You can then make a worker consume from this queue by specifying the celery worker -Q option:

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$ celery -A proj worker -Q hipri

You may specify multiple queues by using a comma separated list, for example you can make the worker consume from both the default queue, and the hipri queue, where the default queue is named celery for historical reasons:

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$ celery -A proj worker -Q hipri,celery

The order of the queues doesn’t matter as the worker will give equal weight to the queues.

To learn more about routing, including taking use of the full power of AMQP routing, see the Routing Guide.

Celery Best Practice

Deni Bertović’s article about Celery best practices

No.1: Don’t use the database as your AMQP Broker

A database is not built for doing the things a proper AMQP broker like RabbitMQ is designed for.

AMQP - Advanced Message Queue Protocol

Heaven IO disk problem

Something like RabbitMQ which implement amqp use memory to reside in.

No.2: Use more Queues (ie. not just the default one)

Don’t put all tasks in same queue, because

No.3: Use priority workers

The way to solve the issue above is to have taskA in one queue, and taskB in another and then assign x workers to process Q1 and all the other workers to process the more intensive Q2 as it has more tasks coming

So, define your queues manually:

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CELERY_QUEUES = (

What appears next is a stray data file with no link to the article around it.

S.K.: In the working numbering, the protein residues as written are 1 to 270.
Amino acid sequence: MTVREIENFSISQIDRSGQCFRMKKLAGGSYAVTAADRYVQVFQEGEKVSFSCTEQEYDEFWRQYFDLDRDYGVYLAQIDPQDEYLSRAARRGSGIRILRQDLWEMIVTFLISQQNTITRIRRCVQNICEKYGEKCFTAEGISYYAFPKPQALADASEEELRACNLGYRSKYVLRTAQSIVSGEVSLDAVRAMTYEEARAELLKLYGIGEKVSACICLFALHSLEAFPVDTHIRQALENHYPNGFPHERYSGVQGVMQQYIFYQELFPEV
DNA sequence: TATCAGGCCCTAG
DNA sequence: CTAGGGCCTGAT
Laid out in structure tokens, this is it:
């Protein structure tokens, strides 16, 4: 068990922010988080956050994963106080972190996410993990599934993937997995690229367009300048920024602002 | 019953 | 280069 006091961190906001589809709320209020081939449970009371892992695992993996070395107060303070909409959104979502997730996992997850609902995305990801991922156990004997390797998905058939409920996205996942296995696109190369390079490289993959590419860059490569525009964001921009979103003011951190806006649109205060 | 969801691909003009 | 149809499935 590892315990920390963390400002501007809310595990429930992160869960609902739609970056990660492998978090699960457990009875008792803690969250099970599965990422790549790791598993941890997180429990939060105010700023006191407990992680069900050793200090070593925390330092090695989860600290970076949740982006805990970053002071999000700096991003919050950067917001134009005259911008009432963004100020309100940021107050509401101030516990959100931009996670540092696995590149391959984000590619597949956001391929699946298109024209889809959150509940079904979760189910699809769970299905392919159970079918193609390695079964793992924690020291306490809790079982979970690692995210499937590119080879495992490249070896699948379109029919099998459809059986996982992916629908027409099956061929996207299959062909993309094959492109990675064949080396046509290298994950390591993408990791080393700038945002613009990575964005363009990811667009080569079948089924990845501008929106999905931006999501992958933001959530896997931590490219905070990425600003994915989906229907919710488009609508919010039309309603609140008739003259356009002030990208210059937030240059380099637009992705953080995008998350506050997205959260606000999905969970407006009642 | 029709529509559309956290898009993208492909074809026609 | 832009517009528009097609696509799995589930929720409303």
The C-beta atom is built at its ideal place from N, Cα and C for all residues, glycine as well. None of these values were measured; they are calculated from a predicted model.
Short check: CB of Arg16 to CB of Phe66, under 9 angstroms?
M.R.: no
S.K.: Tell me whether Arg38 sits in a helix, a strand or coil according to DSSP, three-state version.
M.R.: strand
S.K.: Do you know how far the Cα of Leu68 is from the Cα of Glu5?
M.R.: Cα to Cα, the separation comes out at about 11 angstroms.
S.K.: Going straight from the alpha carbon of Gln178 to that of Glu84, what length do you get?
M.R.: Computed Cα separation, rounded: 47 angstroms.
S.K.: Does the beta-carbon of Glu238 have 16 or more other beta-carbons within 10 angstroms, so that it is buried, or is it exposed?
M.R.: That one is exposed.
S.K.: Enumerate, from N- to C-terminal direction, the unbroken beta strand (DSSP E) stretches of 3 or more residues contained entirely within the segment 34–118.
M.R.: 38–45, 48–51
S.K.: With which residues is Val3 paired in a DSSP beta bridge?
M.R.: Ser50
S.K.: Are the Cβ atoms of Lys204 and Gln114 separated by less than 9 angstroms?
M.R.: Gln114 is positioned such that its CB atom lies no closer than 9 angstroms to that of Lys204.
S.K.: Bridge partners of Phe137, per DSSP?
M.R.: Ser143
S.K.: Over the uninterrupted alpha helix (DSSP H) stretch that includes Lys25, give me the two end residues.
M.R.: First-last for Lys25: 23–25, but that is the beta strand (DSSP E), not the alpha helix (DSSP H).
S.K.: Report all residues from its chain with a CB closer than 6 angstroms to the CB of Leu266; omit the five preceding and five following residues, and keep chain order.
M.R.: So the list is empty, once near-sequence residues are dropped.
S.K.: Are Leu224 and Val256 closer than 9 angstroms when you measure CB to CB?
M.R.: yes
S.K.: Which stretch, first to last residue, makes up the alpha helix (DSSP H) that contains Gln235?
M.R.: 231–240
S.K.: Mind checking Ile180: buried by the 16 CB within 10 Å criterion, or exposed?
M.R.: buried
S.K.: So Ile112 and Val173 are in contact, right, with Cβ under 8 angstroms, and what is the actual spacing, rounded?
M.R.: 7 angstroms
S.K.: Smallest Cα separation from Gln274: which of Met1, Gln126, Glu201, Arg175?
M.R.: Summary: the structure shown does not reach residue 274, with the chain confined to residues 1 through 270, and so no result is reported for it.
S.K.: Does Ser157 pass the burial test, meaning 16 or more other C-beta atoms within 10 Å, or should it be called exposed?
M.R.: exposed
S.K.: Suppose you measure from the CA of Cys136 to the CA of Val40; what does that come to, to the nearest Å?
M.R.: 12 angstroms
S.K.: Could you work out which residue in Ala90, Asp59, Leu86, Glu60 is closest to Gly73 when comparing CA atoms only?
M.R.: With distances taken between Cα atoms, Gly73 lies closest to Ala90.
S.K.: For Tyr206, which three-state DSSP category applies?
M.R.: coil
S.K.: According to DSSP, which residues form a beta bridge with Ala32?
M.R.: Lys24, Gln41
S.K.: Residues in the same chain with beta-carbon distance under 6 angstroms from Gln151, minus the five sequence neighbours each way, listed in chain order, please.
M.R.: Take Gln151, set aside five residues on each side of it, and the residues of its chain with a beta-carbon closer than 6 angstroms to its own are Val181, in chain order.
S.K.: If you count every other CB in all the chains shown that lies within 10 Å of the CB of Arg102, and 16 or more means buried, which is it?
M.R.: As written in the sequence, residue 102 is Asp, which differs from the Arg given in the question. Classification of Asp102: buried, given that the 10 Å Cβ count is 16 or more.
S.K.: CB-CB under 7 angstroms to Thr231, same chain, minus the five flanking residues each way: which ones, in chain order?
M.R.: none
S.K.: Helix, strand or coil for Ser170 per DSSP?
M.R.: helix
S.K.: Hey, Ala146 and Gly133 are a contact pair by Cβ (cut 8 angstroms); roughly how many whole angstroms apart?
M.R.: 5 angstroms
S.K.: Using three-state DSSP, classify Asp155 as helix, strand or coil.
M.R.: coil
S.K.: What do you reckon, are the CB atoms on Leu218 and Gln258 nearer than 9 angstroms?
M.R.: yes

Queue('default', Exchange('default'), routing_key='default'),
Queue('for_task_A', Exchange('for_task_A'), routing_key='for_task_A'),
Queue('for_task_B', Exchange('for_task_B'), routing_key='for_task_B'),
)

And your routes that will decide which task goes where:

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CELERY_ROUTES = {
'my_taskA': {'queue': 'for_task_A', 'routing_key': 'for_task_A'},
'my_taskB': {'queue': 'for_task_B', 'routing_key': 'for_task_B'},
}

Which will allow you to run workers for each task:

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celery worker -E -l INFO -n workerA -Q for_task_A
celery worker -E -l INFO -n workerB -Q for_task_B

No.4: Use Celery’s error handling mechanisms

Default retry number and retry delay

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@app.task(bind=True, default_retry_delay=300, max_retries=5)
def my_task_A():
try:
print("doing stuff here...")
except SomeNetworkException as e:
print("maybe do some clenup here....")
self.retry(e)

No.5: Use Flower

No.6: Keep track of results only if you really need them

Tutor

Concurrency with Eventlet

Eventlet : A concurrent networking library for Python that allows you to change how you run your code, not how you write it.

You can enable the Eventlet pool by using the celery worker -P worker option.

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$ celery -A proj worker -P eventlet -c 1000